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Tuesday 25th October 2016

Ebola in the Philippines

2nd February 2009

The Ebola-Reston virus has infected four people in the Philippines recently, officials said.


This comes several months after the Ebola-Reston virus was first discovered among pigs in the Philippines, in October 2008.

These are the first-ever pig-to-human transmissions, and according to the government, the possibility that the four latest cases were also transmitted from pigs can not be ruled out.

In the past, the fact that the virus had gone from monkeys to humans worried people less, since monkeys and humans live apart from each other in most parts of the world.

Health Secretary Francisco Duque said that the Ebola-Reston virus is both an animal and human health issue, though they consider it a low risk to human health.

Whatever the risk, the Philippines is widening its efforts to test people who may have come into contact with pig farms quarantined in October of last year.

Duque said that in order to determine the possible risks, the Philippines consulted scientific experts from the World Health Organisation (WHO), Food and Agriculture Organisation (FAO) and World Organisation for Animal Health (OIE).

The Ebola-Reston virus was found in the Philippines as early as two decades ago.

Infected monkeys spread the disease to 25 humans, though only one developed symptoms.

The government of the Philippines said that only one person of 50 workers exposed to the virus tested positive.

He or she has not shown any symptoms, and remains healthy.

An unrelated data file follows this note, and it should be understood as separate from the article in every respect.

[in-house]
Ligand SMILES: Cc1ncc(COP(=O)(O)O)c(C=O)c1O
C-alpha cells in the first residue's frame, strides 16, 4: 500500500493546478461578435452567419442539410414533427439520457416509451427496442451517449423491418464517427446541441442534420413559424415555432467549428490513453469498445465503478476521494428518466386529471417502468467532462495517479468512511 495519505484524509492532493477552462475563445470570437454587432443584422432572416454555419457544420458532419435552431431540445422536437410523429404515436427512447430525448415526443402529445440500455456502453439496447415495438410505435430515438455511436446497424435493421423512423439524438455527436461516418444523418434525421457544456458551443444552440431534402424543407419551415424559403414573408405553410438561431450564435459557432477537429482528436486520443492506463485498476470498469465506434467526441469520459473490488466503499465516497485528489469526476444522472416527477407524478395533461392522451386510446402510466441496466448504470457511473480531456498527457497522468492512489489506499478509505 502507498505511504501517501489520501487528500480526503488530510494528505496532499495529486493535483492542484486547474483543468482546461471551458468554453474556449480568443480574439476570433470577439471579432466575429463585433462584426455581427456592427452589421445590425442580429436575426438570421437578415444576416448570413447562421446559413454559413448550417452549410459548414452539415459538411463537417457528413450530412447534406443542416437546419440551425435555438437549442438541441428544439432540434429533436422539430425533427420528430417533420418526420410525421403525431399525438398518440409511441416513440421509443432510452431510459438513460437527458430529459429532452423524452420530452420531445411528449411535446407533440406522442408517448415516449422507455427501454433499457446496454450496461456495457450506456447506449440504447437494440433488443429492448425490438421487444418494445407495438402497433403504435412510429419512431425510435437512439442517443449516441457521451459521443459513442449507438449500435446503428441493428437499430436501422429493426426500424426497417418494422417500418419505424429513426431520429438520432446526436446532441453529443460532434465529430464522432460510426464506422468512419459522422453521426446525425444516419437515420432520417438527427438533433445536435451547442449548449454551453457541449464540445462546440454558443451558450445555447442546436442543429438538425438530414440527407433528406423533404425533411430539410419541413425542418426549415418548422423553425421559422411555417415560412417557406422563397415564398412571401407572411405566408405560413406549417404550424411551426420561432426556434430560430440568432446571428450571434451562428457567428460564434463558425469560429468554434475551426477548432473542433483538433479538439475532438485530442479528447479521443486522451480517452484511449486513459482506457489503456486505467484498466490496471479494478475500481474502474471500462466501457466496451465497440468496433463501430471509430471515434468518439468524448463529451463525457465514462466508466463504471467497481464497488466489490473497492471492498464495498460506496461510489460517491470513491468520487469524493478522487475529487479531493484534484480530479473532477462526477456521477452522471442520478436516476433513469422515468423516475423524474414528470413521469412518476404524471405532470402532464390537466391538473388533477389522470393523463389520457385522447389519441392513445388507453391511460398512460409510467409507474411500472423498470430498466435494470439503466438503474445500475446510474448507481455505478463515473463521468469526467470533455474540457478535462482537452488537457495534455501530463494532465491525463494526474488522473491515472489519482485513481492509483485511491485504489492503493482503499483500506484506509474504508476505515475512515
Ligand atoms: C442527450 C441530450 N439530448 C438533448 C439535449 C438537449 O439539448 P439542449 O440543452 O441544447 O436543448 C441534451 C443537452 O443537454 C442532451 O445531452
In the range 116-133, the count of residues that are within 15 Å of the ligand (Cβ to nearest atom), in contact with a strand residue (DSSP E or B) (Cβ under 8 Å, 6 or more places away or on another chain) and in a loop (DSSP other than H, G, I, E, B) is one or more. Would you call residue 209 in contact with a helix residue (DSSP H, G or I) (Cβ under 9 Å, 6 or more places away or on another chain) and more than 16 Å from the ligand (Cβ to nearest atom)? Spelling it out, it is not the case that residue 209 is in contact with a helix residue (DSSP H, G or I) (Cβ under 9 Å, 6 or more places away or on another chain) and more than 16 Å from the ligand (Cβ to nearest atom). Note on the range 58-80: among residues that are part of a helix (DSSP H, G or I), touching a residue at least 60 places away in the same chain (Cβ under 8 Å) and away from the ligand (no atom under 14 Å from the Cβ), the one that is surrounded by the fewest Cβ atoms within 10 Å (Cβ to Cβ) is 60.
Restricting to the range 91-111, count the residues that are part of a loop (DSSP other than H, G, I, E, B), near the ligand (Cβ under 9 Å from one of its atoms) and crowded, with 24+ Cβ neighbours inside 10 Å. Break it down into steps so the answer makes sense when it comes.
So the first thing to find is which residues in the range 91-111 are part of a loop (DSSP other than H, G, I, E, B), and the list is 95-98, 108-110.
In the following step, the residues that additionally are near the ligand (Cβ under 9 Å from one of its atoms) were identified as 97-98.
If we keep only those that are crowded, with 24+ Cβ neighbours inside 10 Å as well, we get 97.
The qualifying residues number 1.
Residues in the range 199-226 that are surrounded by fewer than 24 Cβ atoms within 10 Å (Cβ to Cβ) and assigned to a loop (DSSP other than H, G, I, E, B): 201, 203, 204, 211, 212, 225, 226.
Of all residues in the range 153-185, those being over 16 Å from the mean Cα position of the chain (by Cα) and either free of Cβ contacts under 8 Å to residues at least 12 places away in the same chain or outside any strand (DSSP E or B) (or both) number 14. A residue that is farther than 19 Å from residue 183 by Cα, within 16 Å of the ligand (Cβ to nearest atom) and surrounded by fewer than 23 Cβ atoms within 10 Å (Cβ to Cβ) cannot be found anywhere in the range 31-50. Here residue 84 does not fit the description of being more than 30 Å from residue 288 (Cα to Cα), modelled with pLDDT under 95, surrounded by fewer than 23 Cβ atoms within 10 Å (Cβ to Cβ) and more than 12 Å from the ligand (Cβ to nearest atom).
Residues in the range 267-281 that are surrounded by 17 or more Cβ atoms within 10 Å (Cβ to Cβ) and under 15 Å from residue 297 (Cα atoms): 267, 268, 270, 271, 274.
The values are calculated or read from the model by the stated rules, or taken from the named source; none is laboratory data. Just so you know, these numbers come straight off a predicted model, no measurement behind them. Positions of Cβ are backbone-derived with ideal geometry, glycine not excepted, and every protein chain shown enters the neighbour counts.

Duque said that three of the four recently infected were farm workers, while one was a butcher.

He said that contact tracing for all five positive individuals is continuing, as a standard procedure to determine health risks to humans.

Davinio Catbagan said that researchers abroad were currently examining tissue samples from pigs at the two farms under quarantine.

Previously, more than 1,000 blood samples from pigs at the two affected farms tested negative.

Catbagan said that no current unusual pig illness has been detected in the two farms.

But epidemiologists fear the disease could mutate, becoming more transmissible among people or among pigs.

Ebola viruses usually spread via contact with the blood of an infected animal or person.

In a country with more than 13 million head of swine, the government has called on the public to report unusual pig deaths or illness.

They are also warning people against purchasing cheap pork, and advising them to cook it thoroughly.


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